Noah Benevolent Society stayed true to its mission to help its members and other Jews in need. In 1916, the Herman Brand (a popular Noah President) Welfare Fund Committee was formed to assist impoverished members. In the 1930s, Noah was involved in educating refugees. Through its Committee for Refugees (1939-1941) it created a refugee school and offered special social events. Among the charitable funds Noah contributed include helping Jews in Morocco (1860), Jerusalem (1863), Jewish Federation of Charities (beginning in 1937) and the United Jewish Appeal (beginning in 1939). Noah also annually disbursed small donations to various Jewish charities. In 1963, Noah elected a sponsor charity, and chose the Association for the Advancement of Blind Children.
Having served as a security and close community for its members for 131 years, Noah disbanded in 1980. Unable to financially stay afloat due to a lack of new membership, deaths of its elderly members, and increasing Life Members (members who had been in the Society over 50 years and were not required to pay dues) it was forced to liquidate its assets.
Compiled from the records of the Noah Benevolent Society, Ref. #I-186.
17.35 Linear Feet (25 manuscript boxes, 3 20" x 17" x 3" boxes)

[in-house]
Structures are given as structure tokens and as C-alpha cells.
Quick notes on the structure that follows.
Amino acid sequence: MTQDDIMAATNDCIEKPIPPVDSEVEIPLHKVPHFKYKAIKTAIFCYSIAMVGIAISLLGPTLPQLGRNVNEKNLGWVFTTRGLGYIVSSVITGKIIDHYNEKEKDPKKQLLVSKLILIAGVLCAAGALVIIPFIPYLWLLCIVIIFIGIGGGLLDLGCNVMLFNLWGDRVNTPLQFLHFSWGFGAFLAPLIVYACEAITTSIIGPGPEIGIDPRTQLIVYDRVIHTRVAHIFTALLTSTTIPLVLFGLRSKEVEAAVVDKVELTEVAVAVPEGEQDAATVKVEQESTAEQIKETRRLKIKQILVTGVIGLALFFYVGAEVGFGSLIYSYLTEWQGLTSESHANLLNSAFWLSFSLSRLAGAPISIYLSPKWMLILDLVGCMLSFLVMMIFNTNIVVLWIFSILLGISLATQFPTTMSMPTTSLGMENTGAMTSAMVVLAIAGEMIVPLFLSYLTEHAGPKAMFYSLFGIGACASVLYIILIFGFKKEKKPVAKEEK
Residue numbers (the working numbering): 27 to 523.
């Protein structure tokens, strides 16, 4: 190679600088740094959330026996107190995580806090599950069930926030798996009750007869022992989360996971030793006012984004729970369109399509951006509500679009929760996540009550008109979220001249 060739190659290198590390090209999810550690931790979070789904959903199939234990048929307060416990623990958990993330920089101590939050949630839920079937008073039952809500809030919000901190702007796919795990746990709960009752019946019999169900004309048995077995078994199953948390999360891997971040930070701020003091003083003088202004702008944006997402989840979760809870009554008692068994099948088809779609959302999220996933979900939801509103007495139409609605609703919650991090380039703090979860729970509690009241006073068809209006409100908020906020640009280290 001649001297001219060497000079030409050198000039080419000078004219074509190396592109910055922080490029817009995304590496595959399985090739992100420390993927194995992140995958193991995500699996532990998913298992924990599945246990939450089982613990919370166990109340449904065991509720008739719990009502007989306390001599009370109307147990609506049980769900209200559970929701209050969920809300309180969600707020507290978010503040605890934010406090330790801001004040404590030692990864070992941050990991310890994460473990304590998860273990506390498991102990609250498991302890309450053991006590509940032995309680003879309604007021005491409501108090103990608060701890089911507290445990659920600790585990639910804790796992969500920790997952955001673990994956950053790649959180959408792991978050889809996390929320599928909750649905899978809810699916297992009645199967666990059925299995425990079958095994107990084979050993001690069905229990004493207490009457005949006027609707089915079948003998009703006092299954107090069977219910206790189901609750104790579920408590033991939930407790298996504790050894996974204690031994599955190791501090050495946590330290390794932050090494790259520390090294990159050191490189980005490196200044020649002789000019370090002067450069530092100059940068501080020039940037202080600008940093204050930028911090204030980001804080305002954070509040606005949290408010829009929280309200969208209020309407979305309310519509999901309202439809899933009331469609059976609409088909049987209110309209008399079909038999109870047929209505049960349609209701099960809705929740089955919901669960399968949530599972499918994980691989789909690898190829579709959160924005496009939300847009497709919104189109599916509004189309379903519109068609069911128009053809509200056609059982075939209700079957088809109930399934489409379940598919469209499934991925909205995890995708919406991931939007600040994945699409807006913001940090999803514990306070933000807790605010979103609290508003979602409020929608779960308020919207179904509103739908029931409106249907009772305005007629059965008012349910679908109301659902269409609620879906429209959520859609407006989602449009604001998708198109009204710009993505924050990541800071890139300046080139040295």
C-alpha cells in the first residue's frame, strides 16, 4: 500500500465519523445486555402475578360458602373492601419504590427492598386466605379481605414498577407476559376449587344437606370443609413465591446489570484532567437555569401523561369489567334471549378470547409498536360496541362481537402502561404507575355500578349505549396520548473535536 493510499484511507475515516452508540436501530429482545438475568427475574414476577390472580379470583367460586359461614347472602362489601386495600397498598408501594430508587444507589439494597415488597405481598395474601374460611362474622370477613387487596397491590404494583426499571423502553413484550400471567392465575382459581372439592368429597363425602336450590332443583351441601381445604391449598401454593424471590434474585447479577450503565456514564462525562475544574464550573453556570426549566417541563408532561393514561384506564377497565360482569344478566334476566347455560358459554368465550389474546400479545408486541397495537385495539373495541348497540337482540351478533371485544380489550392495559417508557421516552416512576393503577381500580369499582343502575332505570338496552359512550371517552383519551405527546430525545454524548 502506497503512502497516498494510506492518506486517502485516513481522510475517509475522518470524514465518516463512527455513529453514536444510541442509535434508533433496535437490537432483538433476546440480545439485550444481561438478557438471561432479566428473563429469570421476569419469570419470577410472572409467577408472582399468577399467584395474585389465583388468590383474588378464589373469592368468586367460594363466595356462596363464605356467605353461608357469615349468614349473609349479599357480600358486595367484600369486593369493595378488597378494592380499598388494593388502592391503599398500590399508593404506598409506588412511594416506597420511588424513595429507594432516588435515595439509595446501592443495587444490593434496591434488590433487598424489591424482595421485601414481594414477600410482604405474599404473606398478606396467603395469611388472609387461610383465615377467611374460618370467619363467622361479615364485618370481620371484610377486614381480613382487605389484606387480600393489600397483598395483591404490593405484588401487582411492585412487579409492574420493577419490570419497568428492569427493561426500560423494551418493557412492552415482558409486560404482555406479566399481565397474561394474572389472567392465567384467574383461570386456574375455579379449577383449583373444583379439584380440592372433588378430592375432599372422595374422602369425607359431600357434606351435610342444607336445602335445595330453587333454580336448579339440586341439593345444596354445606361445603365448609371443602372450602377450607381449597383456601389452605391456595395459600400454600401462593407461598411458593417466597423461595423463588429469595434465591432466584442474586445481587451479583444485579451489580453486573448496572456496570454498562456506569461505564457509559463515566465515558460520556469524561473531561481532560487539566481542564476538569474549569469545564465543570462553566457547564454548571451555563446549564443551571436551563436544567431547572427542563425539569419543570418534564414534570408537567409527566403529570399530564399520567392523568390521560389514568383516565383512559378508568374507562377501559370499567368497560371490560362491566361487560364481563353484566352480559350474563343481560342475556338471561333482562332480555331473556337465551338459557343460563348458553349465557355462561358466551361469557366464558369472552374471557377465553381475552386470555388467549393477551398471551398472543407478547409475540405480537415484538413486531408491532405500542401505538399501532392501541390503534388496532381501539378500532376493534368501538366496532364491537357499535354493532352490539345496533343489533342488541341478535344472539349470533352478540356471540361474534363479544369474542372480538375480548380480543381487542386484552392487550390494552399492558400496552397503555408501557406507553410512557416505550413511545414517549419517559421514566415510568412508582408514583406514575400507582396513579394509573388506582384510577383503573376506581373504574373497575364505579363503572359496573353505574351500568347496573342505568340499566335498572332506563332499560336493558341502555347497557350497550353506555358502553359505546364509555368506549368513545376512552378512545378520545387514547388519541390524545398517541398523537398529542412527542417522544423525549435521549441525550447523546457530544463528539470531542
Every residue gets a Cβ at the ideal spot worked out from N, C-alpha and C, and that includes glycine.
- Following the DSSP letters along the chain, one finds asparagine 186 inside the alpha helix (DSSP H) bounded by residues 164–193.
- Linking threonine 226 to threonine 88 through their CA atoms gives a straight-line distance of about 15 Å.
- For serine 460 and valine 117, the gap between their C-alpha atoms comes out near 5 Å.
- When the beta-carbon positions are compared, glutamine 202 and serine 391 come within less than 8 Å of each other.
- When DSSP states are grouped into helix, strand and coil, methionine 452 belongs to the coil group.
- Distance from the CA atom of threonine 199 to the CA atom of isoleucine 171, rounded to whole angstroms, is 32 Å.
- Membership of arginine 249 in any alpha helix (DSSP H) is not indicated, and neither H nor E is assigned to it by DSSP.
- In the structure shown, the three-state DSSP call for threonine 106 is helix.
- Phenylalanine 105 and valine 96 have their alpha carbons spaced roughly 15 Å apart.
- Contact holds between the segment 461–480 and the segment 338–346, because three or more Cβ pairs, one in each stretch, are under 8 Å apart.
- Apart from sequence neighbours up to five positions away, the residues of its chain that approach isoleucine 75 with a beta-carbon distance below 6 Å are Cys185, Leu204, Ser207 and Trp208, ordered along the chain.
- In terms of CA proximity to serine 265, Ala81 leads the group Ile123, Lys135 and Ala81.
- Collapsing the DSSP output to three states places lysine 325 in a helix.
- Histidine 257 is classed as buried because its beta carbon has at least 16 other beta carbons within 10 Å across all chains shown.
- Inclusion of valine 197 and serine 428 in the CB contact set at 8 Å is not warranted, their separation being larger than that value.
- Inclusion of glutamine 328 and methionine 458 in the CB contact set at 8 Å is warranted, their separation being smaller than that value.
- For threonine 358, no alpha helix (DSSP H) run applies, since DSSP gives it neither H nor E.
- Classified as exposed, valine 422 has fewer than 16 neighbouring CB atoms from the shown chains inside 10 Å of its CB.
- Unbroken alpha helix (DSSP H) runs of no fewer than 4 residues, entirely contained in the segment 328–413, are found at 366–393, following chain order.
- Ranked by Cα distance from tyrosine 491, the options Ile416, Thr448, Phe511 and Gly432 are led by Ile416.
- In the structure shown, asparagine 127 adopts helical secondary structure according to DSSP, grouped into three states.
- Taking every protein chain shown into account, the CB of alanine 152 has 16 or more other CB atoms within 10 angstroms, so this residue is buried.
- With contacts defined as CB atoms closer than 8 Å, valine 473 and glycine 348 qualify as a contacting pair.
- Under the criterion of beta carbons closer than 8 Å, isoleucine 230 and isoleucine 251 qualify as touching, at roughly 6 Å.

The Noah Benevolent Society (1849-1980), named after Judge Mordechai M. Noah, provided mutual relief for members, their wives and orphans, and helped with internment costs and burial plots at Cypress Hills and other New York cemeteries. The Society also provided relief for Jews in Morocco and Jerusalem and donated funds to several Jewish charitable institutions as well as the Association for the Advancement of Blind Children. The Society disbanded in 1980 due to dwindling membership. The records of the Noah Benevolent Society contain membership minutes and books, donation and financial records, constitutions and by-laws, newsletters, memorabilia, and photographs.
The Noah Benevolent Society donated its records to the American Jewish Historical Society in 1981.
- Guide to the Records of the Noah Benevolent Society (1849-1980) undated, 1852-1979 I-186
- Processed by AJHS Staff
- © 2003.
- Language of description
- Script of description
- Language of description note
- Description is in English.
- Edition statement
- This version was derived from NoahBenevolentSociety.xml
- May 2005.: Finding aid was updated and reconverted in order to match other online finding aids by Dianne Ritchey Oummia.
- January 2006.: Entities removed from EAD finding aid.